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Faith leaders forum hears human cost of poverty

Dr. Rosana Pellizzari, speaking at the Interfaith Social Assistance Reform Coalition meeting, calls for tax increases on the wealthy to counter poverty and improve health. Photo by Micheal Hudson

By Murray MacAdam

Poverty’s impact on human health is far more powerful than many people realize, and it’s costing some low-income people years of life.

A forum of faith leaders at Queen’s Park on March 29 heard testimony from two doctors who backed up those findings. The event, sponsored by the Interfaith Social Assistance Reform Coalition, attracted 90 people from across Ontario. Fifteen Anglicans attended, including Bishop Michael Bird of Niagara.

A powerful theological reflection by Rafael Vallejo, a Presbyterian lay minister, drew parallels between the trials of Job and the plight of Ontario’s poor. He challenged religious leaders, legislators and all Ontarians to ask, “Who pays for austerity? Who says there is no choice?” He said, “Compassion calls us to care for each other.”

Dr. Rosana Pellizzari, a public health doctor from Peterborough, outlined how social factors have a strong impact on human health. She noted that men in the highest income group live an average of five years longer than men in the bottom income group, while the equivalent lifespan figure for women is two years. Stress, social isolation, poor quality food and other elements of life for the poor make more of an impact on health than individual lifestyle choices, she said. A recent survey in Peterborough found that more than half of low-income people hadn’t been to a dentist within the last year because they couldn’t afford to do so, a figure more than double that of the affluent.

What society generally thinks of as “health care” is basically “illness care,” said Dr. Pellizzari. Cooking programs and collective kitchens, some held in churches, are making a difference in encouraging good health. A subsidized food box program provides fresh fruit and vegetables. “People love the food box,” she said. “It’s a luxury for them, but they pay for it so they maintain their dignity.”

Dr Pellizzari called for tax increases on the wealthy to counter poverty and improve human health, a goal advocated by a new organization called Doctors for Fair Taxation. Poverty and inequality hurt all of us, she said, not just the poor. “Poor health is everyone’s business. It’s not just about the state of our health care system.”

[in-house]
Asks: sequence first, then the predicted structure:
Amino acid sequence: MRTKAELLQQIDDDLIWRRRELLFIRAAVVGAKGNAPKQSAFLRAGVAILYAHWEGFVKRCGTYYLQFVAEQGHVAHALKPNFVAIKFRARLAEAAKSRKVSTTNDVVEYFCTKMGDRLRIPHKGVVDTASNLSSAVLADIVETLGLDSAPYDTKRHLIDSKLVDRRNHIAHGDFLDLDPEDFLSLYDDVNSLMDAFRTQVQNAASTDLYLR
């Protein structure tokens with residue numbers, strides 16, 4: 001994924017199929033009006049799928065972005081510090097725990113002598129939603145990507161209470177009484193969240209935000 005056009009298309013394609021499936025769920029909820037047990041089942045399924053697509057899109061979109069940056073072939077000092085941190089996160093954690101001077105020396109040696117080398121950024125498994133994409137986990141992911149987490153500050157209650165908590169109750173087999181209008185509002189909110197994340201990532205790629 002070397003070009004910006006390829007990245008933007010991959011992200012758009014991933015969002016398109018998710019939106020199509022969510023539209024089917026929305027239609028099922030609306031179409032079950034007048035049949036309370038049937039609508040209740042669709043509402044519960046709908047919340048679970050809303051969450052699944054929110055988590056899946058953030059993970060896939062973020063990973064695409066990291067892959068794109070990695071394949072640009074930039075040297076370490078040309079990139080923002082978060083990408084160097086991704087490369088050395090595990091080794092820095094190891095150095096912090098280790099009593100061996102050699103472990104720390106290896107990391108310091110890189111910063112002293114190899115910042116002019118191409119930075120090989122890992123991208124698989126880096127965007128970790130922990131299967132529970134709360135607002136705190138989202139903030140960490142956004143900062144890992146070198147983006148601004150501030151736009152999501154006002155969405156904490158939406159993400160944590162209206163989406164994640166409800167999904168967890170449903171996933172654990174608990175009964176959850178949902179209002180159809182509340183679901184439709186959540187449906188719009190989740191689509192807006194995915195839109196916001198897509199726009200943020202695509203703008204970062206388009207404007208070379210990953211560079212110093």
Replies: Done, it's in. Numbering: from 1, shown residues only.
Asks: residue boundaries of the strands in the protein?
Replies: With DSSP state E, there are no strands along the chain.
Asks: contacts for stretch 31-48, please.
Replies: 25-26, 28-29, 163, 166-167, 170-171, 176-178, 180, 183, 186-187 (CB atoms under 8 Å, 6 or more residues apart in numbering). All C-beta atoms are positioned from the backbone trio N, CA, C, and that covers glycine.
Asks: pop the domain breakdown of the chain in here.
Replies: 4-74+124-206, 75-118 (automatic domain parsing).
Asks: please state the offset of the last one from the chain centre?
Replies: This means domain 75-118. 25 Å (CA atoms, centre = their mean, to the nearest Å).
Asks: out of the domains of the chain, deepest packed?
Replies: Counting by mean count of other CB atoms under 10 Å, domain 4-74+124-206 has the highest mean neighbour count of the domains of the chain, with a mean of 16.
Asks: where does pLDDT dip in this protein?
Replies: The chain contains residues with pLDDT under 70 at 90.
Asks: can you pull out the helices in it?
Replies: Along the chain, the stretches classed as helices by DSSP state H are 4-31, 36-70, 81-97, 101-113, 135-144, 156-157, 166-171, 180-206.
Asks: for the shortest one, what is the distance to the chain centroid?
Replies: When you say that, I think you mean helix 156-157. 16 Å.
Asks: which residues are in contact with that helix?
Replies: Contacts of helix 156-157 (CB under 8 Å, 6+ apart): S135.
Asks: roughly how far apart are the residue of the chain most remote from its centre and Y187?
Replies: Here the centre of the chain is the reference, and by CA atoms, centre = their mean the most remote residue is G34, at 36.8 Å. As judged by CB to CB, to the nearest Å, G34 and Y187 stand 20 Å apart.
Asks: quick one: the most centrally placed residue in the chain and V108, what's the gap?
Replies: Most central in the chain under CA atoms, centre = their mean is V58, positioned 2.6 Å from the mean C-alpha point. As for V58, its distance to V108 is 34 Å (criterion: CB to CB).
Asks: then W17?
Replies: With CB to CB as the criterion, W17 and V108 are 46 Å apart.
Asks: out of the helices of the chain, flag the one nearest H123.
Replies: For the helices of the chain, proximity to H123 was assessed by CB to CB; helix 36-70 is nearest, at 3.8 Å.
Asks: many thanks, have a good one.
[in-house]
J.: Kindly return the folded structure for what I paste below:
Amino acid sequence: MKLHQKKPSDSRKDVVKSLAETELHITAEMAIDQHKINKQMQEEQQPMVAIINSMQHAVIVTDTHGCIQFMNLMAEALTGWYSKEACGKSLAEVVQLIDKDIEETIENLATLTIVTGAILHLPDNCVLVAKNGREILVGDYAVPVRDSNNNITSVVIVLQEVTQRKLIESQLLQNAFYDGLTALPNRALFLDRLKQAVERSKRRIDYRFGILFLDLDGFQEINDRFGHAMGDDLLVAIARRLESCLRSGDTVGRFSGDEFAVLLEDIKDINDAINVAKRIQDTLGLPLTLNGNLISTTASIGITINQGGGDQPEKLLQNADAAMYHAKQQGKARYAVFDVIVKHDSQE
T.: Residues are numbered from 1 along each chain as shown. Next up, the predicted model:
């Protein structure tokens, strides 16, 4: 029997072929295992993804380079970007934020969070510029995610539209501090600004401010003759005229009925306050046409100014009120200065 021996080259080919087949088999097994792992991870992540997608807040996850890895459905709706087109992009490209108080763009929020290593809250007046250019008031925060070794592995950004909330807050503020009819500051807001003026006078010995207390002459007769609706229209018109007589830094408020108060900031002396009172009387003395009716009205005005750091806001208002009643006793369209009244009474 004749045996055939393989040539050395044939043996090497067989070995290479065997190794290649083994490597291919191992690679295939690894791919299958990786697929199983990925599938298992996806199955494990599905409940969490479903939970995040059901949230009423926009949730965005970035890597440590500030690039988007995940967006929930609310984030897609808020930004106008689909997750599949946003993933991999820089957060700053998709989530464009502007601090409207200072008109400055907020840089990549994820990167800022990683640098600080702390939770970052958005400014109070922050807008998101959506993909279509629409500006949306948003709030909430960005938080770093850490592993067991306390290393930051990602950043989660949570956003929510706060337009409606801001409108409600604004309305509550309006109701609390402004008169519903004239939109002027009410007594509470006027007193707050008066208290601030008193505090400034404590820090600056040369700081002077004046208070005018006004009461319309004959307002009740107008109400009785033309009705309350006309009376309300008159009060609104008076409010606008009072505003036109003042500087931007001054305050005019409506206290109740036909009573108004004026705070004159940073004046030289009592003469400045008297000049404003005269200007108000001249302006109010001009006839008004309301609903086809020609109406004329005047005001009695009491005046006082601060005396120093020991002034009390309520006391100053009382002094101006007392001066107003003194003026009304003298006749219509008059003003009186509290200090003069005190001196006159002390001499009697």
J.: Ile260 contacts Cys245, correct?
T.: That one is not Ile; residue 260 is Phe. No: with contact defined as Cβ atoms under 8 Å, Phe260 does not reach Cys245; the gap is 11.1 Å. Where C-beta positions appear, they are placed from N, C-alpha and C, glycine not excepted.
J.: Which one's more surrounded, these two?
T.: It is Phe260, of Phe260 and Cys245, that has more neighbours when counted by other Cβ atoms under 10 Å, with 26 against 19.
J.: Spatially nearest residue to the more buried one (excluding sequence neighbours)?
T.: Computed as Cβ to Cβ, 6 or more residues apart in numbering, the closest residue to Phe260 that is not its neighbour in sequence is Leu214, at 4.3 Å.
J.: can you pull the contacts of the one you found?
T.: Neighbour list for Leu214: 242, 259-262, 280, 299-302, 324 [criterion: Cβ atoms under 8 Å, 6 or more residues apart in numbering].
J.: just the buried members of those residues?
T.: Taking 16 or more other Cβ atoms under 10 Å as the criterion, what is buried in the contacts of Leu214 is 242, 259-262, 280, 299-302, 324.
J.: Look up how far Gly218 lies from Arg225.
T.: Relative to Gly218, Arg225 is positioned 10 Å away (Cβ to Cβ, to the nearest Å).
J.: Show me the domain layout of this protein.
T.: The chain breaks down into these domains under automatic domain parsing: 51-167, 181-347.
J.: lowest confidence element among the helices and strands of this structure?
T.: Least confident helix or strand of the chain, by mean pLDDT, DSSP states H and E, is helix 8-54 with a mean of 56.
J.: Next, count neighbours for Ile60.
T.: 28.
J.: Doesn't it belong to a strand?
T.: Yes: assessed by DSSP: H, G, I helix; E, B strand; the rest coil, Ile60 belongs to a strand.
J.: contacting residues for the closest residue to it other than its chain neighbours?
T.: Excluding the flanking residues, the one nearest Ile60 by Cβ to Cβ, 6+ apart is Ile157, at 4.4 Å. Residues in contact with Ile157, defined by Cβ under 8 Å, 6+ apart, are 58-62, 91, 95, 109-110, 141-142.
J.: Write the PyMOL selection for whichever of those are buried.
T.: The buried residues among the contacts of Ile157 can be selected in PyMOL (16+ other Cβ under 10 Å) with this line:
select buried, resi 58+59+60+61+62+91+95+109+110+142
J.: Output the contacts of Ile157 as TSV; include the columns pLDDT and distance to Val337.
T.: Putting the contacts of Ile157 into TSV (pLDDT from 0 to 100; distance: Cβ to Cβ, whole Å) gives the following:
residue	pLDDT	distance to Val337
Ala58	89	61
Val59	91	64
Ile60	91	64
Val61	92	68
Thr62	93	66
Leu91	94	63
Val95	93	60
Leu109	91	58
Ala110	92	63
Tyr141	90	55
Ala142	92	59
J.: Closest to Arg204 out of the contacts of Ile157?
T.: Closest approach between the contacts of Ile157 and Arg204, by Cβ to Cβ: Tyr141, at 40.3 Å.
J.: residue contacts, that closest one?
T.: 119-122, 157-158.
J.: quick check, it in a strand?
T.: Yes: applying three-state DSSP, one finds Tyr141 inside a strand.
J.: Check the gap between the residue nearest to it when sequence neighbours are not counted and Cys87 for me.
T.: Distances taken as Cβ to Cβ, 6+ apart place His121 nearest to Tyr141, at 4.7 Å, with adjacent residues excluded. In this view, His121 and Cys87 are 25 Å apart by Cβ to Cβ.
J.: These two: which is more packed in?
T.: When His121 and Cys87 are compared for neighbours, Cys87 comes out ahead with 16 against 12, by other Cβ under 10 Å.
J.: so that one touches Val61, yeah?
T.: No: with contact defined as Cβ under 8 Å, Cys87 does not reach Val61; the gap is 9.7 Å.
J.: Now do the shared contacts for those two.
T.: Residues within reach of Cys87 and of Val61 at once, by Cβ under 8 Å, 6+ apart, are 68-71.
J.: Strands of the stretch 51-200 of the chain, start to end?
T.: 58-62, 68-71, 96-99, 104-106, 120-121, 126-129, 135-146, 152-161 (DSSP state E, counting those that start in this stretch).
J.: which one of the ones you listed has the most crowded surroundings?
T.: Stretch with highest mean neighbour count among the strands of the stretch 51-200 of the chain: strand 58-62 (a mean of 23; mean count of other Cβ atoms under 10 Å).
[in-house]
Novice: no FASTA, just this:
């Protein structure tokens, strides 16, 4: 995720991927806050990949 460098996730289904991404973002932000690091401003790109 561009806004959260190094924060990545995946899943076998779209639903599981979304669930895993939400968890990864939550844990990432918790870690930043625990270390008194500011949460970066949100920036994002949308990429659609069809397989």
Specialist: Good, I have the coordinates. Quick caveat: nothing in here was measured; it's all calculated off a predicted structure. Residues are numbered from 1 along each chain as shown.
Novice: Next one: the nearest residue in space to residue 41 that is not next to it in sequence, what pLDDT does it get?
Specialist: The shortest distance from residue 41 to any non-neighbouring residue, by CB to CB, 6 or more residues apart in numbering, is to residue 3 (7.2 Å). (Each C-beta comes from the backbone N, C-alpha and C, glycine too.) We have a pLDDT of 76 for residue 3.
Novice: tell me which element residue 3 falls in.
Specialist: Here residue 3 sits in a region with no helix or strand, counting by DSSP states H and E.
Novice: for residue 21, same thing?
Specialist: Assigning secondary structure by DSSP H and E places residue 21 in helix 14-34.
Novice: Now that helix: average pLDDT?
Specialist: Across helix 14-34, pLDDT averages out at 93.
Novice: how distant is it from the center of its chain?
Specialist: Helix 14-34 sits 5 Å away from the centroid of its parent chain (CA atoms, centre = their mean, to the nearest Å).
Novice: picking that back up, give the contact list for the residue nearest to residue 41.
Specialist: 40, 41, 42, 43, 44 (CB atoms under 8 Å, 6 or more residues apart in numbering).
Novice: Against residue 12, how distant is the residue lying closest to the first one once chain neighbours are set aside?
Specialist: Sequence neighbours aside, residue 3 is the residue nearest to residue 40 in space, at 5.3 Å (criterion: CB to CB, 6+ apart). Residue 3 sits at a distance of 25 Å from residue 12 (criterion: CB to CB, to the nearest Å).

Another supporter of Doctors for Fair Taxation, Dr. Philip Berger, echoed her call, saying “We need to redistribute wealth. Those who have more should give more.” Dr. Berger, who works out of downtown Toronto, also underscored the severe health costs paid by the poor. For example, 37 per cent of patients at his hospital grapple with mental health issues, versus only 22 per cent of patients for the rest of Toronto. Low-income people also have hight rates of addictions, diabetes and other ailments.

Ontario Cabinet Ministers John Milloy and Kathleen Wynne told the forum that the province’s new budget, while tough, was necessary for safeguarding social programs by reducing the provincial deficit.

MPPs from all three parties, along with Green Party leader Mike Schreiner, also addressed the connection between health and poverty. New Democratic MPP Cheri DiNovo urged forum participants to make their voices heard as consultations on the budget continue among the parties. “Do not buy the austerity theology,” she said, and outlined various ways in which the government could save money and avoid cutbacks in social programs.

The gathering endorsed a hard-hitting statement by the faith leaders present, which says “It is fundamentally unjust to balance the provincial budget on the backs of our most vulnerable neighbours.”

The faith leaders urged the government to honour its Poverty Reduction Act, passed in 2009, by raising social assistance rates at least by the rate of inflation and by implementing an increase in the Ontario Child Benefit for low-income families that the budget postpones until 2013.

See Social Justice and Advocacy.